Please use this identifier to cite or link to this item: http://ahro.austin.org.au/austinjspui/handle/1/19454
Title: Whole-genome sequencing reveals transmission of gonococcal antibiotic resistance among men who have sex with men: an observational study.
Authors: Kwong, Jason C;Chow, Eric P F;Stevens, Kerrie;Stinear, Timothy P;Seemann, Torsten;Fairley, Christopher K;Chen, Marcus Y;Howden, Benjamin P
Affiliation: Victorian Life Sciences Computation Initiative, University of Melbourne, Melbourne, Victoria, Australia
Melbourne Sexual Health Centre, Alfred Health, Carlton, Victoria, Australia
Central Clinical School, Faculty of Medicine, Nursing and Health Sciences, Monash University, Melbourne, Victoria, Australia
Department of Microbiology and Immunology, The Peter Doherty Institute for Infection and Immunity, University of Melbourne, Melbourne, Victoria, Australia
Doherty Applied Microbial Genomics, Department of Microbiology and Immunology, The Peter Doherty Institute for Infection and Immunity, University of Melbourne, Melbourne, Victoria, Australia
Microbiological Diagnostic Unit Public Health Laboratory, Department of Microbiology and Immunology, The Peter Doherty Institute for Infection and Immunity, University of Melbourne, Melbourne, Victoria, Australia
Department of Infectious Diseases, Austin Health, Heidelberg, Victoria, Australia
Issue Date: Mar-2018
EDate: 2017-12-15
Citation: Sexually transmitted infections 2018; 94(2): 151-157
Abstract: Drug-resistant Neisseria gonorrhoeae are now a global public health threat. Direct transmission of antibiotic-resistant gonococci between individuals has been proposed as a driver for the increased transmission of resistance, but direct evidence of such transmission is limited. Whole-genome sequencing (WGS) has superior resolution to investigate outbreaks and disease transmission compared with traditional molecular typing methods such as multilocus sequence typing (MLST) and N. gonorrhoeae multiantigen sequence (NG-MAST). We therefore aimed to systematically investigate the transmission of N. gonorrhoeae between men in sexual partnerships using WGS to compare isolates and their resistance to antibiotics at a genome level. 458 couples from a large prospective cohort of men who have sex with men (MSM) tested for gonorrhoea together between 2005 and 2014 were included, and WGS was conducted on all isolates from couples where both men were culture-positive for N. gonorrhoeae. Resistance-determining sequences were identified from genome assemblies, and comparison of isolates between and within individuals was performed by pairwise single nucleotide polymorphism and pangenome comparisons, and in silico predictions of NG-MAST and MLST. For 33 of 34 (97%; 95% CI 85% to 100%) couples where both partners were positive for gonorrhoea, the resistance-determining genes and mutations were identical in isolates from each partner (94 isolates in total). Resistance determinants in isolates from 23 of 23 (100%; 95% CI 86% to 100%) men with multisite infections were also identical within an individual. These partner and within-host isolates were indistinguishable by NG-MAST, MLST and whole genomic comparisons. These data support the transmission of antibiotic-resistant strains between sexual partners as a key driver of resistance rates in gonorrhoea among MSM. This improved understanding of the transmission dynamics of N. gonorrhoeae between sexual partners will inform treatment and prevention guidelines.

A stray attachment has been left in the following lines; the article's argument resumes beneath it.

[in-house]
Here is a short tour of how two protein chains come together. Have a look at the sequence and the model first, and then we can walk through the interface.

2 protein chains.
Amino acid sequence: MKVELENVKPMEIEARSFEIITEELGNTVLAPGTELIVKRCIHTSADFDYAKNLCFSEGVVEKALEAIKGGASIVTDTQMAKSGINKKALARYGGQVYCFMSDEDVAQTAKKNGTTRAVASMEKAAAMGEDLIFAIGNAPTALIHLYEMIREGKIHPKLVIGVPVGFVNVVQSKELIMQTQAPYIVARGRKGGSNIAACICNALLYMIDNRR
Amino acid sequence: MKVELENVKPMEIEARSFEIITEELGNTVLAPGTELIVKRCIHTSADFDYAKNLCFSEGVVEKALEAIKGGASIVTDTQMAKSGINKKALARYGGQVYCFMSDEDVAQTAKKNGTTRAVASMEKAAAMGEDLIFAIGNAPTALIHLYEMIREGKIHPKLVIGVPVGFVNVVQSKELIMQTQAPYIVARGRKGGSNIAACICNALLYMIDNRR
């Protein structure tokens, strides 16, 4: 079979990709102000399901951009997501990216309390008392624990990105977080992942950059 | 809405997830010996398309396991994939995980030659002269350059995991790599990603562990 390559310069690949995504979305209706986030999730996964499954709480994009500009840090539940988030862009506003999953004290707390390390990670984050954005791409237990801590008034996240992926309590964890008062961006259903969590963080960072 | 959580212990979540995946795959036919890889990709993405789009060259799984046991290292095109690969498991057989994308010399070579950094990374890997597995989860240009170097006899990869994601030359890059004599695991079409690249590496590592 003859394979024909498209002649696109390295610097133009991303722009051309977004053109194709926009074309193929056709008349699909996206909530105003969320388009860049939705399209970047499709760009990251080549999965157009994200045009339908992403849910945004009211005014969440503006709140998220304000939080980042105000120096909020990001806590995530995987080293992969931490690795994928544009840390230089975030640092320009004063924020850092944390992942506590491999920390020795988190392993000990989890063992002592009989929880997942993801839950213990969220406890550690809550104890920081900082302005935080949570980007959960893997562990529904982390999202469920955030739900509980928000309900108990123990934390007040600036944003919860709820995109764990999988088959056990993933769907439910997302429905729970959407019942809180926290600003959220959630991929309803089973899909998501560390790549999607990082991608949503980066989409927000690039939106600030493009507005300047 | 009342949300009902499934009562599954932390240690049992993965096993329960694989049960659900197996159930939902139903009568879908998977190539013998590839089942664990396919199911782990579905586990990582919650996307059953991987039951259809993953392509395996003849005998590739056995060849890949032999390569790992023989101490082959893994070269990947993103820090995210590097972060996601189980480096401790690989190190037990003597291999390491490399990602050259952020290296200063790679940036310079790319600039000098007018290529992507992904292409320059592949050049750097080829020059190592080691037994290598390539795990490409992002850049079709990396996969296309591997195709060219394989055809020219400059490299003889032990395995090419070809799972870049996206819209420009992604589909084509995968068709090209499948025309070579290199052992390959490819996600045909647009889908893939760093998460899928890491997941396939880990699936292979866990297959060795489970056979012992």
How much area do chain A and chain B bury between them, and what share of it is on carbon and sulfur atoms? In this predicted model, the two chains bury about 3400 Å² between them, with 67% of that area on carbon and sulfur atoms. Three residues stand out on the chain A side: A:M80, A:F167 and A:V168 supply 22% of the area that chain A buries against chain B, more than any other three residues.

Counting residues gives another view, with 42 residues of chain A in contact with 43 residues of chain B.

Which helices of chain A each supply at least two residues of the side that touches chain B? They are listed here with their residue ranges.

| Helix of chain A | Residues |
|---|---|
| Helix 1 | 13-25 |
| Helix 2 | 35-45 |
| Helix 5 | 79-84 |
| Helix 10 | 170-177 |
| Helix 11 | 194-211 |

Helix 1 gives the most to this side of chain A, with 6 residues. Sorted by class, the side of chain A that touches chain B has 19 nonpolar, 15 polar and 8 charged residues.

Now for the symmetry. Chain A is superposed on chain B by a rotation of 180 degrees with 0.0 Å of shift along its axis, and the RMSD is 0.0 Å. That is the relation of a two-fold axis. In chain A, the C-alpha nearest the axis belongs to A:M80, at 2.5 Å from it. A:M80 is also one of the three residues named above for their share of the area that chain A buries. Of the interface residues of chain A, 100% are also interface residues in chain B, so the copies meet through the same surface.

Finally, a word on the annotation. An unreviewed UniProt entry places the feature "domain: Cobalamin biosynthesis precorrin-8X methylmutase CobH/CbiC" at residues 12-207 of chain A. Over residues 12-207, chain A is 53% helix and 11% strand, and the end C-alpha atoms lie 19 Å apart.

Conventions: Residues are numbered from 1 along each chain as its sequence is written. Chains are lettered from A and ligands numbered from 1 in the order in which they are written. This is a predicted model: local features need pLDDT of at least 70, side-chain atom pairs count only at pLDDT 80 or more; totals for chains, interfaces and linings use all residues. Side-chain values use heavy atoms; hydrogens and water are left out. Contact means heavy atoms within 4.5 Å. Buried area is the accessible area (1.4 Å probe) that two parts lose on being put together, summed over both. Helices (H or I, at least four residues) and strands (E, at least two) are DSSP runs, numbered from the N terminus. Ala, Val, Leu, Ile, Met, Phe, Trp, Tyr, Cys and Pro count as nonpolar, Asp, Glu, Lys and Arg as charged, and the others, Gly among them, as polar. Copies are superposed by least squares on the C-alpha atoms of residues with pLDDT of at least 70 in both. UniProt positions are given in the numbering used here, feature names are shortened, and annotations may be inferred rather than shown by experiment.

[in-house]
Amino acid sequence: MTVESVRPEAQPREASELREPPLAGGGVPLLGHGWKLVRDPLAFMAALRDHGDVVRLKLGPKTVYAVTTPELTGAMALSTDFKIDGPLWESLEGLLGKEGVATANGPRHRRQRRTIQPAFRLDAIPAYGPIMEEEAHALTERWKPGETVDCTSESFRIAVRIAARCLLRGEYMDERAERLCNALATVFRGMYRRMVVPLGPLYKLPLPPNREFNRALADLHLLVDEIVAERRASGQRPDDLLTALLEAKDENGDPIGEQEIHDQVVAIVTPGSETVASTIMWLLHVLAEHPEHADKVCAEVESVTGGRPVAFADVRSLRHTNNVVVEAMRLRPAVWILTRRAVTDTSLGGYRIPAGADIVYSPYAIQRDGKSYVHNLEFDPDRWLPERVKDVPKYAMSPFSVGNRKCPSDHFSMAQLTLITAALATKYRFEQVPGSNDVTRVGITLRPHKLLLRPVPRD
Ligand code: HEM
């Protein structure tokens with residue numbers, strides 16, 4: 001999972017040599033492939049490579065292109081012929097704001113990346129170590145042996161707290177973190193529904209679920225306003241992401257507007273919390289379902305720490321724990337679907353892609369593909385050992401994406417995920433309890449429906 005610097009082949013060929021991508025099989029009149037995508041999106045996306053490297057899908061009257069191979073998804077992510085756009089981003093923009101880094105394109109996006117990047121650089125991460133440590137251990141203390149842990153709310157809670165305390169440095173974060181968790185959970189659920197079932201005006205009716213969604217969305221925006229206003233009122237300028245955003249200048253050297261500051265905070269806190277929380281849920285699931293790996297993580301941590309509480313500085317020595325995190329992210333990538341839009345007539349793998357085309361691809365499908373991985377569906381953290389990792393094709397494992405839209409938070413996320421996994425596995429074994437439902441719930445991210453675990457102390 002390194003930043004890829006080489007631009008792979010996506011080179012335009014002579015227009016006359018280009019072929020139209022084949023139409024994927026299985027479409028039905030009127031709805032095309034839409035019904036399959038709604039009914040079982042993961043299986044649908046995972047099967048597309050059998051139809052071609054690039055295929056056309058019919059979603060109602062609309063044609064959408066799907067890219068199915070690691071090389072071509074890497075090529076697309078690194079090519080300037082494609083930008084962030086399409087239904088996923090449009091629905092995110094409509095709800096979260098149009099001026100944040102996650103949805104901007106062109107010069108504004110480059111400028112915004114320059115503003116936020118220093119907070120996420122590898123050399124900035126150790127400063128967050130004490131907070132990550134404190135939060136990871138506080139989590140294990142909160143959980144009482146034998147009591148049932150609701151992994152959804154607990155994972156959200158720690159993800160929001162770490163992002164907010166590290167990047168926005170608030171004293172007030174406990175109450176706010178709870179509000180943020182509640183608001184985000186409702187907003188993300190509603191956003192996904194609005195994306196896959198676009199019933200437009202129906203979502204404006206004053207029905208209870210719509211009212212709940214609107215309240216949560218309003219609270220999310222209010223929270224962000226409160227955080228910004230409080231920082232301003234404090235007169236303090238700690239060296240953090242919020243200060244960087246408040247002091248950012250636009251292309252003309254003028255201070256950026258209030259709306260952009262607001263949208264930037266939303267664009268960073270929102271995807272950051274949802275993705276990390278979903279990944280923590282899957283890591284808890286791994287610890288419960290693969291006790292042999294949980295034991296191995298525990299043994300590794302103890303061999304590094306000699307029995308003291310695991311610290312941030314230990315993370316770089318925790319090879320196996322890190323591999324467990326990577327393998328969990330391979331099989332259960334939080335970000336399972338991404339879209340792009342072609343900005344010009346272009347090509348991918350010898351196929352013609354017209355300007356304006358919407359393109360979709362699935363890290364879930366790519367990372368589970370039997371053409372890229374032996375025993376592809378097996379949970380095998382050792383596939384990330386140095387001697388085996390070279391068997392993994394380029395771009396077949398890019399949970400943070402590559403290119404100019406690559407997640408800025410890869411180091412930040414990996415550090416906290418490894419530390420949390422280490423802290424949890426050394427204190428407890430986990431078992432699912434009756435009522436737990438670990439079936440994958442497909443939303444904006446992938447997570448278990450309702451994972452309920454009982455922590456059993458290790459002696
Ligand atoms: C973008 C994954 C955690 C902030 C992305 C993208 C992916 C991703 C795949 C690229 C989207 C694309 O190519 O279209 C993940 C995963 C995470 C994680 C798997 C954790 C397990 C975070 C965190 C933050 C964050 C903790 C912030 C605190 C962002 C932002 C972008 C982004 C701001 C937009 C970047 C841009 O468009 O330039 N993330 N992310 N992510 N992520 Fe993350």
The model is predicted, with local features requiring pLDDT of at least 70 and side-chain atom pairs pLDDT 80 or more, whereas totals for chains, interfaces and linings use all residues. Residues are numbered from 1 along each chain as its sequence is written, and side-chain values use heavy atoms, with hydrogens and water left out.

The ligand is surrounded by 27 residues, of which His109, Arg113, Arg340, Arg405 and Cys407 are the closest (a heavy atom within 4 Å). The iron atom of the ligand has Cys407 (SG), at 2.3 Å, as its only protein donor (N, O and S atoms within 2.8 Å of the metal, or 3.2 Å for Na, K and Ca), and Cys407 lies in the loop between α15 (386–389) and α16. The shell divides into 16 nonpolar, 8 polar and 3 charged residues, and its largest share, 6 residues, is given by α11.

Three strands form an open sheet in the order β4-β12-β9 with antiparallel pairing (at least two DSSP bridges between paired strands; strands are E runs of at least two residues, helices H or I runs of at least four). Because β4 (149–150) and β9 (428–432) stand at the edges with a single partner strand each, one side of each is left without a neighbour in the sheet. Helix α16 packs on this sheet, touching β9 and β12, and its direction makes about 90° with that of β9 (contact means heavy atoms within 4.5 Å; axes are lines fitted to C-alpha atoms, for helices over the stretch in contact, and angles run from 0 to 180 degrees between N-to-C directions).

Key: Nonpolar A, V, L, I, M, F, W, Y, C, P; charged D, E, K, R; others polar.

URI: http://ahro.austin.org.au/austinjspui/handle/1/19454
DOI: 10.1136/sextrans-2017-053287
ORCID: 0000-0003-1766-0657
0000-0003-0237-1473
PubMed URL: 29247013
Type: Journal Article
Observational Study
Research Support, Non-U.S. Gov't
Subjects: antibiotic resistance
gonorrhoea
modes of transmission
Appears in Collections:Journal articles

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